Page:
2009 PDRacer World Championships - Buoy RaceBy Doug Day (retired) #1 "DUB"
I flew in for the weekend with the sail from BucketEars. Bill Giles had been taking care of hull number #2, originally built by Ken Abrahams, and the very boat I had been chasing all of my ducking career. I was only able to beat her once - and that was because Ken accidentally capsized. Bill was going to make sure I didn't loose to this boat again, he brought the boat for me to use !!
For the bouy racing, here is what happened from my boat: 1st race -- I had a decent start and looks like about half the fleet had a good start, but the other half kinda got stuck a little too far down wind of the line. The winds were light but still had just enough to make headway. I climbed up hill to the first mark pretty well and was only a few boats behind. Rounding the mark I had difficulty on the first deployment of my spinnaker, it wasn't setup right. Passing the leeward bouy and heading through the gate for my 2nd lap, suddenly my rig just wasn't pulling like it was and I couldn't make progress up wind very well. The rest of the fleet was catching up and passing. I still had some wind, but just couldn't get her up there. I blew 3 lay line attempts at the windward mark and finally got high enough to pass, and then just drifted into it. I took my 360 and continued. I had adjusted my spinnaker lines on the way up and so now could deploy it properly, and was making better time heading down wind, but most of the fleet had passed me already so this race was a lost cause.
At the beach I noticed my luff was a lot slacker than I started with, and there was the culprit. The snotter had loosened, and my luff tensioner line had slipped so just about everything that should be tight was loose. I re-rigged my lines and tightened her back up again, those adjustments held throught the next 2 races.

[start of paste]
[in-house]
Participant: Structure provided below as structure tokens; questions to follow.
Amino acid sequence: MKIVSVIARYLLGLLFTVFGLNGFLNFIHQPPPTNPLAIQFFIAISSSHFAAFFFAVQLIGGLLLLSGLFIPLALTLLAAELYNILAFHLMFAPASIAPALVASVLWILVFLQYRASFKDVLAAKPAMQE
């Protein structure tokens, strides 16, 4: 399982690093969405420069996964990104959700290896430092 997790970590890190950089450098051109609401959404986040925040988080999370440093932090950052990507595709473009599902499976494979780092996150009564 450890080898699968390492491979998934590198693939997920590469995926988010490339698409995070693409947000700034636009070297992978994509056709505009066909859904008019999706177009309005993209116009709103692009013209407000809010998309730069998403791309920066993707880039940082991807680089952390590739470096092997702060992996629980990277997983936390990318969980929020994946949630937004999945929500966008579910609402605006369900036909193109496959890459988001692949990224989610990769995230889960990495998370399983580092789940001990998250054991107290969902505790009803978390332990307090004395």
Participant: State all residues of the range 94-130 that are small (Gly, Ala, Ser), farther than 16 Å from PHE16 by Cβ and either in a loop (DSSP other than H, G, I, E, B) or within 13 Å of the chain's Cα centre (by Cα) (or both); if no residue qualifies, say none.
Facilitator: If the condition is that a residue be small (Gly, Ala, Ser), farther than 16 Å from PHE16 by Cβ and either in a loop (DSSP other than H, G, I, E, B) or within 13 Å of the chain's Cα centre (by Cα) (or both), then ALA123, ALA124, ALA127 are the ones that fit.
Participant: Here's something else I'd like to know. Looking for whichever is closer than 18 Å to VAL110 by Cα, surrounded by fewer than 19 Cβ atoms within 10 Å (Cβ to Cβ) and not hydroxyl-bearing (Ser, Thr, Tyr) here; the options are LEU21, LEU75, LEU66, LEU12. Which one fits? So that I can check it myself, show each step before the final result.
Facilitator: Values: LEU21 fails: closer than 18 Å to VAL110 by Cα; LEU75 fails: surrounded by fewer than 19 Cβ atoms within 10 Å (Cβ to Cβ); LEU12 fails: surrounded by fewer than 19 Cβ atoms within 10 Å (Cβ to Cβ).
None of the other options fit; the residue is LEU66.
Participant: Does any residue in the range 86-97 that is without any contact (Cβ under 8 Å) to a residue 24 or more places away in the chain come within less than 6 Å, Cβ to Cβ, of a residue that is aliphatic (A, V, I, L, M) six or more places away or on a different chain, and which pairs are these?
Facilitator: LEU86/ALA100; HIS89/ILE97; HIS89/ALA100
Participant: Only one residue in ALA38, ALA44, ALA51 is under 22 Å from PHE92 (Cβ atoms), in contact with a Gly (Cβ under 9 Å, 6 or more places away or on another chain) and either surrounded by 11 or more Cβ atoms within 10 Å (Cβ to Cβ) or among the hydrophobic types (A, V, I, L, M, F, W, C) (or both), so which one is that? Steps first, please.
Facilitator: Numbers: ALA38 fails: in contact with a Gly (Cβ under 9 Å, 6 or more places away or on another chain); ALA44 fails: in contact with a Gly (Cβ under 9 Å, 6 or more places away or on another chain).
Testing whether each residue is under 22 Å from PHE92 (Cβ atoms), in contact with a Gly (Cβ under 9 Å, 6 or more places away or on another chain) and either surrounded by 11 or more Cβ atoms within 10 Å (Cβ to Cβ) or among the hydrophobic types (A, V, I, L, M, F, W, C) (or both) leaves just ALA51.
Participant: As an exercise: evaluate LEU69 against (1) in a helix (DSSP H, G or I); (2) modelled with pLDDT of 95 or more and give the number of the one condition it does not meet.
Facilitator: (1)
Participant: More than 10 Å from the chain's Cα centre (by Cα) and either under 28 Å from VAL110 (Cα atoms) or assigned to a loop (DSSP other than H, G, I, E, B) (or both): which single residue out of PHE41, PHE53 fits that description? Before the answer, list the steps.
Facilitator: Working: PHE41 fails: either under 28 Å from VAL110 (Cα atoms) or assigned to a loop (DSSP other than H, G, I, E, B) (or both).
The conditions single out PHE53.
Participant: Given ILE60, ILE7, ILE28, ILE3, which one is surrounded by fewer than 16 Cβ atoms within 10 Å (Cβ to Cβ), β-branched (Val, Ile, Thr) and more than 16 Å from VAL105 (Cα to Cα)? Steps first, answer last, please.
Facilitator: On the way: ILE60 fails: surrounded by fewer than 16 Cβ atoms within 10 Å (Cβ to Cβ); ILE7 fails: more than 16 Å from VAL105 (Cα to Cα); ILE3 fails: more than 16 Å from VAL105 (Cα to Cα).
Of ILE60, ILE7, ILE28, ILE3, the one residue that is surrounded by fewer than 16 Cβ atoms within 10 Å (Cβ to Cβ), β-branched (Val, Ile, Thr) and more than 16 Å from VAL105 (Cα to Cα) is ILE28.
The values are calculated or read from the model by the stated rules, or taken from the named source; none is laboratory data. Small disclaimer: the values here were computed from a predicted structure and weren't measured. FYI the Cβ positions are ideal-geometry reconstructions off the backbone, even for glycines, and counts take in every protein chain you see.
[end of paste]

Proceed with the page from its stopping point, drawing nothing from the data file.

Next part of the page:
2nd race -- I think everyone woke up to how important it is to stay close to the gate for the start, and the gate area was more congested just before the start. I couldn't fit in and had to turn away just at the wrong time, the starting gun went and the wind suddenly slackened. From my turn I had stalled out, and had a great view of the rest of the fleet heading across the line up wind. The winds were very light for the rest of the race and I just couldn't make up to catch everyone. The compromise of my sail rig is that it is small, but very well cut so the rig climbs to windward very well in good winds and is easy to manage in high winds, but in light air it just doesn't work so well, that combined with my weight and I never do good in light airs. I wasn't the last one in but very near it.
3rd race -- Some dark clouds which had been in the distance finally were coming close, and suddenly the wind picked up. Not much, probably only about 8 mph, but that was enough to give me hope. The sea scouts have strict rules that they aren't allowed on the water during thunder or lighning, and upon hearing the first boom, they have to immediately call off any race and head for shore. With the impending weather, they were reluctant to hold another race. I saw Scott with a radio, went up to him and stared begging to run another race. He called it in and the commodore came back ".... crackle crackle.... OK one more race, but only one lap and they have to start in 5 minutes". YEA! I yelled "lets go !!" and pushed off in Ugly Duckling.